AI eats future of software — Part2
n the previous post, I discussed about core traits of an intelligent software application. You can read the post here.
In summary the intelligent applications will not only take instructions from users but over a period learn and become smart. So the applications transcends from just being a “program” to a “learner”. And then it can start performing tasks proactively instead of reactively, providing unprecedented efficiency boost both in personal and enterprise use cases.
In this follow up post, we will take a deeper look into the important architectural components of such an application.
Architecturally there are four critical pieces of an intelligent software.
A) Sensory block
B) Services Hub
C) Machine learning box
D) Handler block
This is how the rough skeleton looks like:
A) Sensory Block
Sensory block is what users interfaces with while interacting with software. Interactions are not just restricted to clicking or touching an interface. Interactions can encompass transferring structured text, shooting natural language based text or voice, sending images, flashing gestures as users are empowered by newer ways of interacting with machine. With the advent of AI (more specifically natural language processing and image processing) the sensory block of next generation software will support user interactions beyond just touch/mouse click. The development in field of Virtual reality and Augmented reality have also opened multitudes of use cases where users interacts with machine in ways those previously were unthinkable of.
Sensory blocks typically reside on smart or dumb endpoints of the stack. Previously it used to be just mobile devices but with IoT devices proliferating, we can expect to see screen enabled and screen less devices act as sensory blocks of future applications. Smart end points or edge are often in demand (see fog computing) as in many scenarios decisions are required to made by logic residing at the “edge”, saving crucial clock cycles in many mission critical applications.
B) Services Hub
Services hub hosts array of services that are exposed from machine learning models. The models will be part of machine learning box but the service end points will be made available through Services hub. The hub also can host user profile based services, event services and feature services.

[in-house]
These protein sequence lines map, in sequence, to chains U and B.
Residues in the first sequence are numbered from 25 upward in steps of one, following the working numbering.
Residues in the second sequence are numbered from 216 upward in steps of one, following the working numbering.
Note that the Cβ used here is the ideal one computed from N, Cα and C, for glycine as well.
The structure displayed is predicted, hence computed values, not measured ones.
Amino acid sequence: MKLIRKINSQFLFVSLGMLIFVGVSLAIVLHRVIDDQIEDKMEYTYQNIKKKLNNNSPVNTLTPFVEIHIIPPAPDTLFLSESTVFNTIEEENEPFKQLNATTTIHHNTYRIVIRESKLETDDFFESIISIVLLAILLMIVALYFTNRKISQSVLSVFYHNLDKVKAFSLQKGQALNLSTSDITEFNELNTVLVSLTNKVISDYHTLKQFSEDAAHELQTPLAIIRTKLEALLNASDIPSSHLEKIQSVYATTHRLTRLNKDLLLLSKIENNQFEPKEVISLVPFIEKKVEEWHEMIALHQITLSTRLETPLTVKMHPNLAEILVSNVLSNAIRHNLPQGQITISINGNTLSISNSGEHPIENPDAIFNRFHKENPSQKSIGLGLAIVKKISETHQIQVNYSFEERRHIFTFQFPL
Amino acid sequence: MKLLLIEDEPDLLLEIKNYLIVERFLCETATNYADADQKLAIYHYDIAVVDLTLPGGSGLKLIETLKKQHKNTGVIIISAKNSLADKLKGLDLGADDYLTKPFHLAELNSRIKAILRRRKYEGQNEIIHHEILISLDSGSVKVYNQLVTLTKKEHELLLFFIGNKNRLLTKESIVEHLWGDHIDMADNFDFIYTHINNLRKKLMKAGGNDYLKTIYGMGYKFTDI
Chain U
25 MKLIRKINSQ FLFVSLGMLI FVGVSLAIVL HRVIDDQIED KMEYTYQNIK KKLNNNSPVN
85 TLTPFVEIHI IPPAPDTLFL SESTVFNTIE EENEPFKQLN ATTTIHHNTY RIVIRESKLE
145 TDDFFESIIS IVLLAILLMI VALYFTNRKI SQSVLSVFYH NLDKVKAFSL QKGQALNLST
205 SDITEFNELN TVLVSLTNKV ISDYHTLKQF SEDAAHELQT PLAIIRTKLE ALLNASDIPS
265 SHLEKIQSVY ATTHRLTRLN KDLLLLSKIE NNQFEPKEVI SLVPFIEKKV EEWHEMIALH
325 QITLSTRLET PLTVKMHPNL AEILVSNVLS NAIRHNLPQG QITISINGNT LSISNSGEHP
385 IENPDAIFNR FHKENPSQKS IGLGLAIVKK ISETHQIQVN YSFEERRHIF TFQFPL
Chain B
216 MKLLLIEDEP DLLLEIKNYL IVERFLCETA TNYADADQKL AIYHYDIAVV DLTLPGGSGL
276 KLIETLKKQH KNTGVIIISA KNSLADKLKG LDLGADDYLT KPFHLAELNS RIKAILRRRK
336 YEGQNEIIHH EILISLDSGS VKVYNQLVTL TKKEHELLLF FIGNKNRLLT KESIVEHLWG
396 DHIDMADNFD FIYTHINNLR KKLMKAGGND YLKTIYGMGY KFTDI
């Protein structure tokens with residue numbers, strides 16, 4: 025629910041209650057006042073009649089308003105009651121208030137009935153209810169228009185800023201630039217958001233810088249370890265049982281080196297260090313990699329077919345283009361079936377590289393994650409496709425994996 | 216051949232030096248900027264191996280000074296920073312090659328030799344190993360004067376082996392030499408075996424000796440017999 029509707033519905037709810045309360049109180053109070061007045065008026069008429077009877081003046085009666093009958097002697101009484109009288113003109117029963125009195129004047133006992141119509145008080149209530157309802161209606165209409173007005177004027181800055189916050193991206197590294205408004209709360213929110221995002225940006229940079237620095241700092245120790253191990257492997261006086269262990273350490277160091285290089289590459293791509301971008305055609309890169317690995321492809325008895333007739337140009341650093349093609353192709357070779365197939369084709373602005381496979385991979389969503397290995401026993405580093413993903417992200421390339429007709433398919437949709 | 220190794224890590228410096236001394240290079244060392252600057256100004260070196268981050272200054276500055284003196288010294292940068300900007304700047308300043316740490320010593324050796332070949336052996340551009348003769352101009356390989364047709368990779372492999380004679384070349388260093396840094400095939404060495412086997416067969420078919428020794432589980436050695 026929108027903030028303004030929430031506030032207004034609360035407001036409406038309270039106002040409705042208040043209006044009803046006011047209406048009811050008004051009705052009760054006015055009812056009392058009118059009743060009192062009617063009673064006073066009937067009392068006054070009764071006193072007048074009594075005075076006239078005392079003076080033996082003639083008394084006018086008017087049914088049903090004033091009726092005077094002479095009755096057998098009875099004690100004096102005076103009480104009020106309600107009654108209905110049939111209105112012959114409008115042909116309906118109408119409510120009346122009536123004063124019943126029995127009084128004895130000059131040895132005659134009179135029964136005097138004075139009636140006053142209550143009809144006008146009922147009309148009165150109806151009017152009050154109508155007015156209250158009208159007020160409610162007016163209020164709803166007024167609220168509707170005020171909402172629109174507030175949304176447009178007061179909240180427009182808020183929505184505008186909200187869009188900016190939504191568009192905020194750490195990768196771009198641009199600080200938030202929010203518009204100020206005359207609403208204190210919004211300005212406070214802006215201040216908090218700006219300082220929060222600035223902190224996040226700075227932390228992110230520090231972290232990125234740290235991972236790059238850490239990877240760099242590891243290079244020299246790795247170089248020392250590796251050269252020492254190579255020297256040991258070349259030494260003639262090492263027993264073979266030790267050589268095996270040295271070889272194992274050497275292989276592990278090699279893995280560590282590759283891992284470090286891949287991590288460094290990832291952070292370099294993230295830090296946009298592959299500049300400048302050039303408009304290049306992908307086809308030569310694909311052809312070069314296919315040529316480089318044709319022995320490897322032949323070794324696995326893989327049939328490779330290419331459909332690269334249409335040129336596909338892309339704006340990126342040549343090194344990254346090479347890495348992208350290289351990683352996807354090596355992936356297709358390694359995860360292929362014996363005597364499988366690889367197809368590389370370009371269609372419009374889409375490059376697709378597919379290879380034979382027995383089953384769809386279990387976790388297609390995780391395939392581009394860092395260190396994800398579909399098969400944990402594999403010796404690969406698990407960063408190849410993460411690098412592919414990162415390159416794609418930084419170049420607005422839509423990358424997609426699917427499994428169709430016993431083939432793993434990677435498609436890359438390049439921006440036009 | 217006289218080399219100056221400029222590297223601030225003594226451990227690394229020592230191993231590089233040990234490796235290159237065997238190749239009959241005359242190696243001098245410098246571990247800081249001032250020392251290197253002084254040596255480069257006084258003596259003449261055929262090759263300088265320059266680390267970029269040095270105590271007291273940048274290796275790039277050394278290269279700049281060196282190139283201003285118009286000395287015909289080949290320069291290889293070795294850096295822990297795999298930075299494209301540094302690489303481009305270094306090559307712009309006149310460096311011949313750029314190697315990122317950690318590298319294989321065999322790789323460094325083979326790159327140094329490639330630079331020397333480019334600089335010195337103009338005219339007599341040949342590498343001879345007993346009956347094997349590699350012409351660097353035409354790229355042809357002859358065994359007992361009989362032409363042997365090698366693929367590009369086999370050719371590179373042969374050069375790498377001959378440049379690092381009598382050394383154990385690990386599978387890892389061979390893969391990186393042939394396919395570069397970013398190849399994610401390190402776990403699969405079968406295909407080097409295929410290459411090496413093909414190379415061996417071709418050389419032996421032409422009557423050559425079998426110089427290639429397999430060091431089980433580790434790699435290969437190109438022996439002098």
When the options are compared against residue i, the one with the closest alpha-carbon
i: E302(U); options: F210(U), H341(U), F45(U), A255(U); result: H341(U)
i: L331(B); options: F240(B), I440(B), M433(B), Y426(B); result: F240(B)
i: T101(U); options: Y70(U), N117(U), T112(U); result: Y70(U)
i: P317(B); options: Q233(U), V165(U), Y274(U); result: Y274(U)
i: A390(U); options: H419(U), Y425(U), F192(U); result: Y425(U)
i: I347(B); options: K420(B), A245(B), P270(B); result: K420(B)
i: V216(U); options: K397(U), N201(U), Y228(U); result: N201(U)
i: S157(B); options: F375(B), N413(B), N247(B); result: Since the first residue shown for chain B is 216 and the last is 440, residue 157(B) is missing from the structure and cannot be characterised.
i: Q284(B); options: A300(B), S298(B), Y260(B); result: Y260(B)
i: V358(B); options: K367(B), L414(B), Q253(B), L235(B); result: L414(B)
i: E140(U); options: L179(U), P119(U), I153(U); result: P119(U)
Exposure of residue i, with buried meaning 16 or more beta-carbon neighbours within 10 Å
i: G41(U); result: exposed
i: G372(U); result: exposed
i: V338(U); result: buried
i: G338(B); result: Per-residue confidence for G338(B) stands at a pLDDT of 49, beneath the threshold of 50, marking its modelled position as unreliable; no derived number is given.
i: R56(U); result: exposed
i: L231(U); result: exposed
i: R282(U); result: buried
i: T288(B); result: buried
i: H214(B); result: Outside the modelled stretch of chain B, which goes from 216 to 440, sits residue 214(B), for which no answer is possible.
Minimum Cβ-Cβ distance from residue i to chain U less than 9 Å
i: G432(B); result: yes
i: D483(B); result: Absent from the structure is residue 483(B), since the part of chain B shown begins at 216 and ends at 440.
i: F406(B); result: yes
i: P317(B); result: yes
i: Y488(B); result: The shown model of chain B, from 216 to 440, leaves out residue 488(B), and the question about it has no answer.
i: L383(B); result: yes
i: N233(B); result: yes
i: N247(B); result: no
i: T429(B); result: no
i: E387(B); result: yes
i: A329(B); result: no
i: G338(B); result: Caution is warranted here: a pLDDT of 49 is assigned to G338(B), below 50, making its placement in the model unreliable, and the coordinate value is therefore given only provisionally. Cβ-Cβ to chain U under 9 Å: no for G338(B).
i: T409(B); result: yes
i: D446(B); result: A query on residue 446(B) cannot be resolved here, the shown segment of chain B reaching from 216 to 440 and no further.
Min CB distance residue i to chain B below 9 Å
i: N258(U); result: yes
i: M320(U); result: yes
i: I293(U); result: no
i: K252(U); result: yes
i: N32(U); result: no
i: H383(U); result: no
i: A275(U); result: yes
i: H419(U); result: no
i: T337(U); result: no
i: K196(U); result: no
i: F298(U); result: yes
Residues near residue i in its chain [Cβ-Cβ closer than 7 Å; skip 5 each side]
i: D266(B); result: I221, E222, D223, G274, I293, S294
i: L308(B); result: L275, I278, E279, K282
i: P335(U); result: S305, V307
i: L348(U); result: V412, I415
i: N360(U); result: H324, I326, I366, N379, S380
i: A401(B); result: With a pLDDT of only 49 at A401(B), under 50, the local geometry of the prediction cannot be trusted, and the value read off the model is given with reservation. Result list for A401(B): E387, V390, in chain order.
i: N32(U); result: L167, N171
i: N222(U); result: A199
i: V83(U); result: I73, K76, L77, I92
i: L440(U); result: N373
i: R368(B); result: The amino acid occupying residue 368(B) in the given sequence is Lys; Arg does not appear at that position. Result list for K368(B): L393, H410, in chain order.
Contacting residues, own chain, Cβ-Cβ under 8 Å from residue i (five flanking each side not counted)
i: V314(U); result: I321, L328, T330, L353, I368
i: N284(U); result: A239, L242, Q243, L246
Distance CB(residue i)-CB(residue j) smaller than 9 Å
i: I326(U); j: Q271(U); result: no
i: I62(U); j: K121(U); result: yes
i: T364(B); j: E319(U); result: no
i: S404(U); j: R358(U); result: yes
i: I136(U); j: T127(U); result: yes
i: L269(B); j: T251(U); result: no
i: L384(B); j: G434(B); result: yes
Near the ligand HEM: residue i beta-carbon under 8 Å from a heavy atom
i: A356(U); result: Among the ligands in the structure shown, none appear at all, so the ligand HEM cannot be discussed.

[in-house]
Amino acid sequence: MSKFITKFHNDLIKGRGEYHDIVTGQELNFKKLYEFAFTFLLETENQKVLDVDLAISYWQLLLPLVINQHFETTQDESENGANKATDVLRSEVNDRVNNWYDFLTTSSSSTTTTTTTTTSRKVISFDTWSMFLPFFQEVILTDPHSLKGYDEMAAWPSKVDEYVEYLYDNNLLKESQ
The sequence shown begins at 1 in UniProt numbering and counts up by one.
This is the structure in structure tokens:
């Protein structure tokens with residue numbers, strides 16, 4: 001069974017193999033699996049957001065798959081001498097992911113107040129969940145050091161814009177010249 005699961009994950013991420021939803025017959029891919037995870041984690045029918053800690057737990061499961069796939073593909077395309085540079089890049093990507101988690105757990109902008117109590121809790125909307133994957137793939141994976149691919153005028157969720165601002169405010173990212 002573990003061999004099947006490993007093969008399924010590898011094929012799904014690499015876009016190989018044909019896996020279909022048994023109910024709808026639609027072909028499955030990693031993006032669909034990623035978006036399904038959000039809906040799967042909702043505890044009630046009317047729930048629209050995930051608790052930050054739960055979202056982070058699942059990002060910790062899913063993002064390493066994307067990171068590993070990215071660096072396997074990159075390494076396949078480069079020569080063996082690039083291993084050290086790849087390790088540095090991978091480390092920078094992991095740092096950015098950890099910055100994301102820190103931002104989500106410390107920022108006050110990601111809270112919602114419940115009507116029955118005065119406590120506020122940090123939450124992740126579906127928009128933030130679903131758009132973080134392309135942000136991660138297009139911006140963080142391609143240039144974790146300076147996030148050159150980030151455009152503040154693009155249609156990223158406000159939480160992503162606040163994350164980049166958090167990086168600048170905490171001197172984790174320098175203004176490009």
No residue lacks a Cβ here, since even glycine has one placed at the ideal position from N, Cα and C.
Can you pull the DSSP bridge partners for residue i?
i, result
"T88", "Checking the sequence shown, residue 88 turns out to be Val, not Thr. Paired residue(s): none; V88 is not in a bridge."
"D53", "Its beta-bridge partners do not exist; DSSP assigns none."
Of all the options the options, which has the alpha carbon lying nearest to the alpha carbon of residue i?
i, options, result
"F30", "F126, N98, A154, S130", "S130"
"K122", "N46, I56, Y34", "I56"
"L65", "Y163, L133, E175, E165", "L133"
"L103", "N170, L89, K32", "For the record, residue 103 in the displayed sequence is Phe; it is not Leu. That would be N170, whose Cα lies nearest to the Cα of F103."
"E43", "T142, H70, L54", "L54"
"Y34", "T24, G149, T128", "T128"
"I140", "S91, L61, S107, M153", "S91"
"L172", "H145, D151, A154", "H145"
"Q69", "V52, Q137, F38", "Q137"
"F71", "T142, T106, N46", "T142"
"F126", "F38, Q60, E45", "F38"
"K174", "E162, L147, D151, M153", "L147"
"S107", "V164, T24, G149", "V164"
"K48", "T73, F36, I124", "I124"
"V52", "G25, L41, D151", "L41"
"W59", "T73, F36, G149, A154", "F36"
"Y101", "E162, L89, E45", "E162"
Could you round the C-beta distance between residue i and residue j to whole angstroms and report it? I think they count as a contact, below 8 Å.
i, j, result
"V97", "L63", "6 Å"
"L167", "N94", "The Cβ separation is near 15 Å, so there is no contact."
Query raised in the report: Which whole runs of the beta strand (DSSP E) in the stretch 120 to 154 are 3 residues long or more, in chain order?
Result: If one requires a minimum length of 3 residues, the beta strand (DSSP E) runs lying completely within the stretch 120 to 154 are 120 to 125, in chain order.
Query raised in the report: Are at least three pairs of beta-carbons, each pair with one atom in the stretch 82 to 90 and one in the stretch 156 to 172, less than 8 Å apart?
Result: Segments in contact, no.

Three broad choices for building services hub:
1. Container based
2. Microservices based
3. Serverless/function based
B.1 Container based
Containerization is an OS-level virtualization method for deploying and running distributed applications without launching an entire VM for each application. Instead, multiple isolated systems, called containers, are run on a single control host and access a single kernel. Because containers share the same OS kernel as the host, containers can be more efficient than VMs, which require separate OS instances.
See more on containers here: https://azure.microsoft.com/en-in/services/container-service/
B.2 Microservices based
Microservices have gained tremendous popularity in the last couple of years. Microservices is a variant of the service-oriented architecture (SOA)
architectural style that structures an application as a collection of loosely coupled services (inherently different from 3 tier legacy architecture).
Microservices will be a central theme of next generation of applications. With so much of heterogenous components sitting inside one stack, monolithic approach would hardly make sense. Microservice can give the desired modularity and ability to build applications that can scale. The architecture styles aim to reduce the time to market, allow to handle changing requirements with less effort and to lower the operation costs in environments with larger load.
The functional components of an application can be distributed across microservices that can interact with each other and external modules. For example the face detection micro services can operate separately from user authentication related services.
B.3 Serverless or function oriented
Server less approach is also rapidly becoming a go-to option. This provides a platform allowing the developers to execute code in response to events without the complexity of building and maintaining the infrastructure. Server less signifies, the organization or person doesn’t need to purchase, rent or provision servers or virtual machines to develop the application. That is a huge benefit. The code is guaranteed to have desired performance characteristics without developers explicitly breaking their head on what would be the underlying infrastructure.
Check out Azure Functions for more on this: https://azure.microsoft.com/en-in/services/functions/
How to choose between these three options?
Typically container based approach is more infrastructure oriented. And server less/function based approaches is more programming oriented.
In the next post we will cover the remaining two sections: machine learning box and handler block.